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Haiti remembers the victims of the 2021 earthquake

Haití recuerda a las víctimas del terremoto del año 2021

Haiti, immersed in a pressing crisis, recalled yesterday, Sunday, the victims of the 7.2-magnitude earthquake, which devastated the south a year ago, whose reconstruction is proceeding slowly.

In addition to the deaths, the earthquake left 12,500 injured and 800,000 homeless throughout the southern peninsula of Haiti, and was followed by a series of aftershocks that affected more than 800,000 people, including 340,000 minors.

The earthquake near Nippes, some 150 kilometers west of Port-au-Prince, was preceded by the assassination of President Jovenel Moise on July 7 in an assault on his residence, an event that has exacerbated the fight for territory between armed gangs, which contribute to increasing the crisis situation in the country.

Tribute to the victims
In a series of messages on Twitter, the Prime Minister of Haiti, Ariel Henry, remembered the victims and assured that his government “spares no efforts or sacrifices to continue supporting” those affected by the earthquake, the second deadliest of the last 25 years in Latin America, a list that heads the earthquake that occurred in 2010 in this nation, in which nearly 300,000 people died.

“On this sadly memorable August 14, I renew my feelings of solidarity with the brave people of the south, on the occasion of the first anniversary of the terrible earthquake that devastated this region,” wrote Henry, the highest authority in Haiti after the assassination of President Moise.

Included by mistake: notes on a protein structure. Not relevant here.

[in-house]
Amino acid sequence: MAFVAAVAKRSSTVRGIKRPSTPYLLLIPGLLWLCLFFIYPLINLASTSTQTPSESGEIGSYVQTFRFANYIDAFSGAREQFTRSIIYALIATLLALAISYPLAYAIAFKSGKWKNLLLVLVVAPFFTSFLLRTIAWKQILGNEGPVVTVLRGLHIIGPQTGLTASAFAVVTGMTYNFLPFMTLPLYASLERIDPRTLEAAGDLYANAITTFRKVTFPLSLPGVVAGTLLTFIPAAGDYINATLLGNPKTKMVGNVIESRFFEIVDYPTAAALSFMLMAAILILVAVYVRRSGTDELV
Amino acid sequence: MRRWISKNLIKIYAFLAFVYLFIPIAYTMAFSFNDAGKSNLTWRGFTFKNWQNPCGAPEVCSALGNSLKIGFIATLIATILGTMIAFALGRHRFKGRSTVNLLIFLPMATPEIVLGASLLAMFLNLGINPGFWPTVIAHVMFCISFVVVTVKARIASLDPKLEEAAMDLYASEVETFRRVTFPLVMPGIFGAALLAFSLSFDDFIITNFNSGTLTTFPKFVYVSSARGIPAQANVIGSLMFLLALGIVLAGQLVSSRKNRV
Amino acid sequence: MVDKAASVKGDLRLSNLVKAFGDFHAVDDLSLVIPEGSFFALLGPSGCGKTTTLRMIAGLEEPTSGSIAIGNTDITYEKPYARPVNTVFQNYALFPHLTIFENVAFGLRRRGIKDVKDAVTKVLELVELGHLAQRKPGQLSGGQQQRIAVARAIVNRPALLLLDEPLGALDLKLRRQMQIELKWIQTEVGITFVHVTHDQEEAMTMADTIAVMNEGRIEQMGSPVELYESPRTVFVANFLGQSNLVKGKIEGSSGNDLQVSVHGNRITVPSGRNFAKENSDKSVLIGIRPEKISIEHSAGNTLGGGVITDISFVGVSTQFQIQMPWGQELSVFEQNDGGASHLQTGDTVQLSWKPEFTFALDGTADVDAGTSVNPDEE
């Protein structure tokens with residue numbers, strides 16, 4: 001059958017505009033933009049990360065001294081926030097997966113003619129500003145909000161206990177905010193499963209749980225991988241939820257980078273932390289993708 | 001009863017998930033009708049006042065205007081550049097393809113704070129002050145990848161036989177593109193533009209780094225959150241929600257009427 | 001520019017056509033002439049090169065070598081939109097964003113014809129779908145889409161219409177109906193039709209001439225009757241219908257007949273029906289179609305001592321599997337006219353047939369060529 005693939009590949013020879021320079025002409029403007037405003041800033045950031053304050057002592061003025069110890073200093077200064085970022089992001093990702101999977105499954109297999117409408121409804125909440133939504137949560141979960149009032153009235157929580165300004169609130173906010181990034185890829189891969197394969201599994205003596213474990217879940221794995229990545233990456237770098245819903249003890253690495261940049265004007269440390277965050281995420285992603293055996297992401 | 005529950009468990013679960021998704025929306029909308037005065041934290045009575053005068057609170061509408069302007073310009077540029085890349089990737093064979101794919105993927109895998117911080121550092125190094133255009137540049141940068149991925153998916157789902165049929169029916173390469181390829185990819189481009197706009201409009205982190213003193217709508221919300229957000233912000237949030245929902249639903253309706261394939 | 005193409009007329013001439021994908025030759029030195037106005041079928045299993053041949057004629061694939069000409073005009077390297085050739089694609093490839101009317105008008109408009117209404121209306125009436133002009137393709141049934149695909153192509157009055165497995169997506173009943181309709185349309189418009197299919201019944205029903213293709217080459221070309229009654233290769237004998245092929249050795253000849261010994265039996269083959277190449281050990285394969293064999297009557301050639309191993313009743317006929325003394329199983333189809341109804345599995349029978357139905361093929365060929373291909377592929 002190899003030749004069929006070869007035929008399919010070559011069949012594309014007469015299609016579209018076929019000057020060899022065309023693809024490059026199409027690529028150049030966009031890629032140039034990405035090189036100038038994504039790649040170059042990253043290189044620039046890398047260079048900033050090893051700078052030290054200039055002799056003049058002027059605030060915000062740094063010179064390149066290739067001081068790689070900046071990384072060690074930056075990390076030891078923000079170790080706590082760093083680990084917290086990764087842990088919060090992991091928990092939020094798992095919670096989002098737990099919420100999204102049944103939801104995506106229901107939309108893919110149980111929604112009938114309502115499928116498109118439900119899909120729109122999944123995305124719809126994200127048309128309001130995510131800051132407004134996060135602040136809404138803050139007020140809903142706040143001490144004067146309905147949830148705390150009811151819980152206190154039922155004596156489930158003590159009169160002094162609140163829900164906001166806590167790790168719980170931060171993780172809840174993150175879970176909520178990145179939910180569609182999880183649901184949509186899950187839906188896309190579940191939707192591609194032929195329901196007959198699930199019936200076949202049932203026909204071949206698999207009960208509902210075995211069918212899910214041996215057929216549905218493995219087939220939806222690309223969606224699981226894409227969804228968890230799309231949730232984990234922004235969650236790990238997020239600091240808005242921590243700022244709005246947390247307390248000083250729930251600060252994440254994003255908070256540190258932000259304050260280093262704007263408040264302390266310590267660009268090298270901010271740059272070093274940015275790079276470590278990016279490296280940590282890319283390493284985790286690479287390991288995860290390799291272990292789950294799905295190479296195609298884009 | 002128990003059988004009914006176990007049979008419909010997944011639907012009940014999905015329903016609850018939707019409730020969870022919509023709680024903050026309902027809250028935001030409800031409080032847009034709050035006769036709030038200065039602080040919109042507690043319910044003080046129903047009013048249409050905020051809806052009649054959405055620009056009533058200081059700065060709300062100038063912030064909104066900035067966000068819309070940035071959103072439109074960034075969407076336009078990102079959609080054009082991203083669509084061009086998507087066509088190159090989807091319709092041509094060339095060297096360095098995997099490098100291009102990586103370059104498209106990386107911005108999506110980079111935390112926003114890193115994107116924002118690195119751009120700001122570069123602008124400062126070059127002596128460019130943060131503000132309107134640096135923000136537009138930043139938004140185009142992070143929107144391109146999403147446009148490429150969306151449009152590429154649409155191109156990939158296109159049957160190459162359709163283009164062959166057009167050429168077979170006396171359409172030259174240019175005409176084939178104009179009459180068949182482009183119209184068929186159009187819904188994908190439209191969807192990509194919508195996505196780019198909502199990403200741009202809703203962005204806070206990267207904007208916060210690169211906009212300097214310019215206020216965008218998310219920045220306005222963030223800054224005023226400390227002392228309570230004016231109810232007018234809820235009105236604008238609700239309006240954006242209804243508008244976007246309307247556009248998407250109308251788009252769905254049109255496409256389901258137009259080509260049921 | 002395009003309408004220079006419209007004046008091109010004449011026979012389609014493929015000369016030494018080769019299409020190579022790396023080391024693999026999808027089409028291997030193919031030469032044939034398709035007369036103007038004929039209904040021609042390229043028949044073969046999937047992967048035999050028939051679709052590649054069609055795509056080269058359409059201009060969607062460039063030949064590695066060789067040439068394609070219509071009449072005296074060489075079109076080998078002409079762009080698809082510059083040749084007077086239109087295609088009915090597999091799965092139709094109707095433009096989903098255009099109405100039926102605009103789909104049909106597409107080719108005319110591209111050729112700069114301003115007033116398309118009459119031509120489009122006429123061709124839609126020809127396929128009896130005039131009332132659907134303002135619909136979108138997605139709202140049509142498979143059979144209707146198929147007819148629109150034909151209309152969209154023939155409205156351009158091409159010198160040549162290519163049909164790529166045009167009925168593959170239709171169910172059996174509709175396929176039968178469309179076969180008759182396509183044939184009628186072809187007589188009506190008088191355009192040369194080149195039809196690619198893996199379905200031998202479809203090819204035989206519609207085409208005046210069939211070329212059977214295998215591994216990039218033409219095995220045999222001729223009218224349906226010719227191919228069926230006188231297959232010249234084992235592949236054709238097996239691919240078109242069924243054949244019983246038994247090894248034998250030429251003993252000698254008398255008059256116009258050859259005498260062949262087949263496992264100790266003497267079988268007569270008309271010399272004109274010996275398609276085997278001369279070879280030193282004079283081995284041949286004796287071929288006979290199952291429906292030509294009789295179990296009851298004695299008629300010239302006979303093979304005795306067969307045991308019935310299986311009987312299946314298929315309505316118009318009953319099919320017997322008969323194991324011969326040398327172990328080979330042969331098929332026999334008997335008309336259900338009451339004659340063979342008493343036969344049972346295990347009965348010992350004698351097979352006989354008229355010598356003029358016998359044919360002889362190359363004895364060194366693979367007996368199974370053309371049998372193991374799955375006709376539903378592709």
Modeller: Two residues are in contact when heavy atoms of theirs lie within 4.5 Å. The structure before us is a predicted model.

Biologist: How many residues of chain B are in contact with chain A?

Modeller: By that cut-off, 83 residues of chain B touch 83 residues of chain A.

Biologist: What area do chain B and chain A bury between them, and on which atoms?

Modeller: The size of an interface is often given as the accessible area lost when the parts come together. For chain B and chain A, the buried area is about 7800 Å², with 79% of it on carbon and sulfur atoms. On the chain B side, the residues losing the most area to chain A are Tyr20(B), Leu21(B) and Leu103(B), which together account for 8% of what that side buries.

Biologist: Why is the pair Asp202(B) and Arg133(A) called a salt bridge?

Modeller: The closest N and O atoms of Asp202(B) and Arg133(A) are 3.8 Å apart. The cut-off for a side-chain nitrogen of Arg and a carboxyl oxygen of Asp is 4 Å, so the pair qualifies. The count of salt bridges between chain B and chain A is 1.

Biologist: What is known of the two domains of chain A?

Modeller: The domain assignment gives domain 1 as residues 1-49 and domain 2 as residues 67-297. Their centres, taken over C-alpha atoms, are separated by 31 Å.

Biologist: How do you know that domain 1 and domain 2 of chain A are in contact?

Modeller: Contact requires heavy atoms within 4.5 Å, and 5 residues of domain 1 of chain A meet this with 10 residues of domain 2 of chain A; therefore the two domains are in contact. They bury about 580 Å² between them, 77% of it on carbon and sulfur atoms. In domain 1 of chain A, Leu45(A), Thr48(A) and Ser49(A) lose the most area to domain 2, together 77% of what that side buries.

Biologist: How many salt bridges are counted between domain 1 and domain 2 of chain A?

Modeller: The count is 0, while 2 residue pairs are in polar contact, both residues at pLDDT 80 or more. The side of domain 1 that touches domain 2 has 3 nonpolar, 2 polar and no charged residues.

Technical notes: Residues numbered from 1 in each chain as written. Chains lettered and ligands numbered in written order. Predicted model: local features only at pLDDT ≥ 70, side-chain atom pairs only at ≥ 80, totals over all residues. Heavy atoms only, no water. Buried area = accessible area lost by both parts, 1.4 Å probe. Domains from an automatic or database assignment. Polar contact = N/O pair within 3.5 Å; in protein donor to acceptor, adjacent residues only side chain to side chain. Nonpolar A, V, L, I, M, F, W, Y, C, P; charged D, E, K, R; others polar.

Faced with “this pain and this ordeal that still disrupts the day-to-day life of our brothers and sisters in the south,” the Prime Minister called on his compatriots “to reflect, to show solidarity to continue showing the same spirit of coexistence as after the disaster.” .

A year after the earthquake and when part of the country is plagued by war between armed gangs, reconstruction has hardly advanced in the south, one of the most vulnerable in the country and where thousands of people were left homeless.

“The reconstruction is not too advanced,” Jo-Ann Garnier, executive director of the NGO ENPAK, which works with people with disabilities, told Efe.

But, he added, the reconstruction that is being carried out has not taken into account accessibility for people with disabilities in this area, where at least 5,000 people with some special condition are in a situation of humanitarian need after the earthquake.

Even before the earthquake, the issue of accessibility was a major concern.

“These are people who are forced to rely on others because of the inaccessibility of the built environment,” he said.

Despite this, in his messages yesterday the prime minister stated that he was “delighted” with the results obtained so far.

On February 16, the international conference of donors for the reconstruction of the South Peninsula was held in Port-au-Prince, promising 600 million dollars to start the reconstruction, a third of the 2,000 million expected.

1,515 million dollars were requested for the social sectors, 197 million for the productive sector, 172 million for infrastructure and 94 million for transversal sectors for the next four.

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